Lake Biwa, Japan's largest lake, is a long, long way from Puget Sound.
It’s a long, long way from the southern California lakes that were supposed to kick out the next world-record largemouth bass.
And it’s a long, long way from the native waters of the largemouth bass – the southeast and midwest of the United States.
But the lake near Kyoto, Japan, is where Manabu Kurita trolled a live bluegill through a canal, hooked and landed a 22-pound, 4-ounce largemouth bass on July 2. That fish may tie the 77-year-old world-record largemouth bass.
This is huge news for bass anglers all over the planet. Largemouth and smallmouth bass evolved in the United States, but they’ve been stocked all over the world. Rabid anglers cast lures for largemouth bass in Japan, Mexico, Cuba, parts of Europe, South Africa and even the Philippines.
Bass angling is a billion-dollar business in the United States, and the fish are popular with anglers wherever they’ve been stocked.
It’s been speculated for years that landing a world-record fish would be worth millions of dollars to the lucky angler.
I believe that, as I grew up in Southern California, where giant largemouth bass eat stocked hatchery trout in world-famous spots such as Lake Casitas and Castaic Lake. Giant bass also fin around in small lakes near San Diego.
I fished Lake Casitas once or twice a week when I was in my late teens and early 20s, and recall Ray Easley’s huge 21-pound, 3.5-ounce largemouth that was caught in March 1980. It seemed like every outdoor writer on the planet was fishing Casitas the next day. I know this because I was there.
My biggest bass from Casitas was a puny 8-pounder, which wouldn’t even get a second glance from California’s big-bass experts. Of course, that same bass would be a lunker up here in the Northwest.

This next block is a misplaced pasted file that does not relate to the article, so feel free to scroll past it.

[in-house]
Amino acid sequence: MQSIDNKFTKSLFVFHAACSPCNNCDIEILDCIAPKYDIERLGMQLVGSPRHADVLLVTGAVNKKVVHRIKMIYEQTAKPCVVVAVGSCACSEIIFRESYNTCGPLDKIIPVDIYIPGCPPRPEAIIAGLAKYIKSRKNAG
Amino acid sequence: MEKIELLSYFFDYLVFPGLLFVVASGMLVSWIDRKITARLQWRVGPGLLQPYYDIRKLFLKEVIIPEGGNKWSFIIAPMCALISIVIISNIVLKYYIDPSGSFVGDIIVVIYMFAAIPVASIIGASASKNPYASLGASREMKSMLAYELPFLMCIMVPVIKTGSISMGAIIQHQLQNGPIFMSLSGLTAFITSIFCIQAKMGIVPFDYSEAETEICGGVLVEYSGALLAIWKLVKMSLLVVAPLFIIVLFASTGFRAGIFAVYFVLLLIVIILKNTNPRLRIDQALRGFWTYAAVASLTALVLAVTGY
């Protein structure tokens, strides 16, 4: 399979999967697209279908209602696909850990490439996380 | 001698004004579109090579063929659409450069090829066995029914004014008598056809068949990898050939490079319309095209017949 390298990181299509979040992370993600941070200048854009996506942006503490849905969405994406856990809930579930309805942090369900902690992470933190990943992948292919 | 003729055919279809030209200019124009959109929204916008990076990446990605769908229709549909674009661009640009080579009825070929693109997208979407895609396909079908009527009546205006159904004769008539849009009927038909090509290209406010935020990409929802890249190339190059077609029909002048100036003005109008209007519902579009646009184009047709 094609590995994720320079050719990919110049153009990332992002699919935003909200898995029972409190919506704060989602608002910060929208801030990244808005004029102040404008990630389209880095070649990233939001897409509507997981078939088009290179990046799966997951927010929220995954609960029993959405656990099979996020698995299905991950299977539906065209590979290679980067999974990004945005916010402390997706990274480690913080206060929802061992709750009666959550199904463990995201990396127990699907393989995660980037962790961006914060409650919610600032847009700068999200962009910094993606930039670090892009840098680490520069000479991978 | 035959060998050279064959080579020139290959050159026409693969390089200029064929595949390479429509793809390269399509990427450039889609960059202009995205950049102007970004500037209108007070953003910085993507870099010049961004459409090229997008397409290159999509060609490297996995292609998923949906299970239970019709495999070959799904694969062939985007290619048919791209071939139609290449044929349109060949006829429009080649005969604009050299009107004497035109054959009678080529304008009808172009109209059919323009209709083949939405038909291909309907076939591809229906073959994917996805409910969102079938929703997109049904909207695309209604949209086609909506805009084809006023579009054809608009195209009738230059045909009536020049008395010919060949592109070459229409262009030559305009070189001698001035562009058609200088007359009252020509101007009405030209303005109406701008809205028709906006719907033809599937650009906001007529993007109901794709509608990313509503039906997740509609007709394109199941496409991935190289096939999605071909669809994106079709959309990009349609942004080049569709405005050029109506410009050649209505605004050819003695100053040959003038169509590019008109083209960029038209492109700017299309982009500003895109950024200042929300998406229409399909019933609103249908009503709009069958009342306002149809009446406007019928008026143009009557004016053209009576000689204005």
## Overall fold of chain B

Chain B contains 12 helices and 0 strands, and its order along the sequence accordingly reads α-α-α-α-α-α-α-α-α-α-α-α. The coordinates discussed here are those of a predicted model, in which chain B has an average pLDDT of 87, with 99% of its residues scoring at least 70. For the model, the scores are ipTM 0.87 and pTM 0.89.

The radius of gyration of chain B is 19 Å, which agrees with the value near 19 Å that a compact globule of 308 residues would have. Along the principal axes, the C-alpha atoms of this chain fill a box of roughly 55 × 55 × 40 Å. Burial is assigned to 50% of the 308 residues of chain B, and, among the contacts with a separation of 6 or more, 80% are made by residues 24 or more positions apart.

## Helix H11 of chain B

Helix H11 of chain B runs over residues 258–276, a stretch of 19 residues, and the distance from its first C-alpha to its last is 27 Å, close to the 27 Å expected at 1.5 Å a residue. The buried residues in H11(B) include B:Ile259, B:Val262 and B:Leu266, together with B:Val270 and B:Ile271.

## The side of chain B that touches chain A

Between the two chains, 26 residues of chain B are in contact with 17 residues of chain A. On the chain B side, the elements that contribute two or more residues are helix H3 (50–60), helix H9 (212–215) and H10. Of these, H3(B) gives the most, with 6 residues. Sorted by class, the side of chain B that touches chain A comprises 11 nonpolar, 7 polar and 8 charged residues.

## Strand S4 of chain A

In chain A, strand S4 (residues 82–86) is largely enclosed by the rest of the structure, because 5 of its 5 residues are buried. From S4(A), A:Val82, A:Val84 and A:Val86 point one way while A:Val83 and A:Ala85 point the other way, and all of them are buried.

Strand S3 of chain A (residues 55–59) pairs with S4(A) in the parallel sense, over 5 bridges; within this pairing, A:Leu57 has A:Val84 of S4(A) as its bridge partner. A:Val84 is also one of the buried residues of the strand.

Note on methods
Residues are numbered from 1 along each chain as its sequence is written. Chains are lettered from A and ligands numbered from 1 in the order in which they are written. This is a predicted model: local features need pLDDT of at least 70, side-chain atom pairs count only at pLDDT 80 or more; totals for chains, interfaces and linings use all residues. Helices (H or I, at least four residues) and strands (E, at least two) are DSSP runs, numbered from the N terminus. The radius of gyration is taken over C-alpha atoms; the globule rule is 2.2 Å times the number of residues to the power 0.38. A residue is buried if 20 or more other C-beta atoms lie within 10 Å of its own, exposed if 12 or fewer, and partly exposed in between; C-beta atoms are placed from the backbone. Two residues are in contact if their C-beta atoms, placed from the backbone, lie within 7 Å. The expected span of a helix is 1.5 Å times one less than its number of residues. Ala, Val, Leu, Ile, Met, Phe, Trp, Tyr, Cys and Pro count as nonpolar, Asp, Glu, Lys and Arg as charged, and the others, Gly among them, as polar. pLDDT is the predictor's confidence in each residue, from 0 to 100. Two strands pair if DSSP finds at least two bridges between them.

Bass experts have predicted for years that the next world-record bass would come from California, since 22 of the 25 heaviest largemouth bass were caught in California lakes, and most of those fish chowed down on hatchery trout to pack on the pounds.
Largemouth bass need lots of warm weather, and plenty of easily grabbed protein, to get giant.
A hardcore big-bass angler named Mac Weakley landed a mammoth 25-pound largemouth on Dixon Lake, near San Diego, in 2006, but he decided to not apply for the new world record, as the fish was accidentally foul hooked.
Weakley’s fishing partner, Jed Dickerson, hooked the same fish back in 2003 when it was 21.7 pounds.
Southern California’s crew of big-bass hunters can often identify big bass, through natural markings, that were caught and released years before.
The International Game Fish Association, which certifies world-record fish, is evaluating the evidence of Kurita’s catch, which includes documents, video footage and photos.
If Kurita’s portly bass – it is 27.2 inches long and 26.77 inches around – wins certification, it will tie the record set in 1932.
Angler George Perry caught the current record bass during a 1932 fishing trip to Georgia’s Montgomery Lake.
I made a quick call to Pete Johnson, who handles public relations for the IGFA, and he said the record application arrived at IGFA headquarters in Dania Beach, Fla., on Sept. 14.
It may take a month to make a final decision.
“The 1932 record has been considered the Holy Grail of bass fishing,” Johnson said.
I like the idea of a world-record bass coming from a big, old lake in Japan.
Japanese anglers love bass fishing, although the fish are rightly considered an invasive species in their islands, and it’s common to see Japanese anglers fishing big-bass lakes in Florida, California and throughout the Southeast.
I also love the idea of a big bass lurking around in a lake far, far away from the conventional bass hot spots. I don’t chase fishing records, but I believe that big fish can be found in strange places, such as under the local boat dock.
I’m pretty sure the next world-record largemouth bass will not come from the Northwest, but I think we’ve got a shot at the next world-record smallmouth bass.
Well, I suspect that a smallmouth that could nudge the 11.9-pound world record is swimming around in the Columbia River and is growing fatter every year on a rich diet of salmon and steelhead smolts, baby shad and plenty of crayfish.
Then again, some kid fishing a cricket for bluegill on a Kentucky lake, or maybe Black Lake right here in Thurston County, will probably land a 12-pound smallmouth.
And wouldn’t that be cool?
Chester Allen: 360-754-4226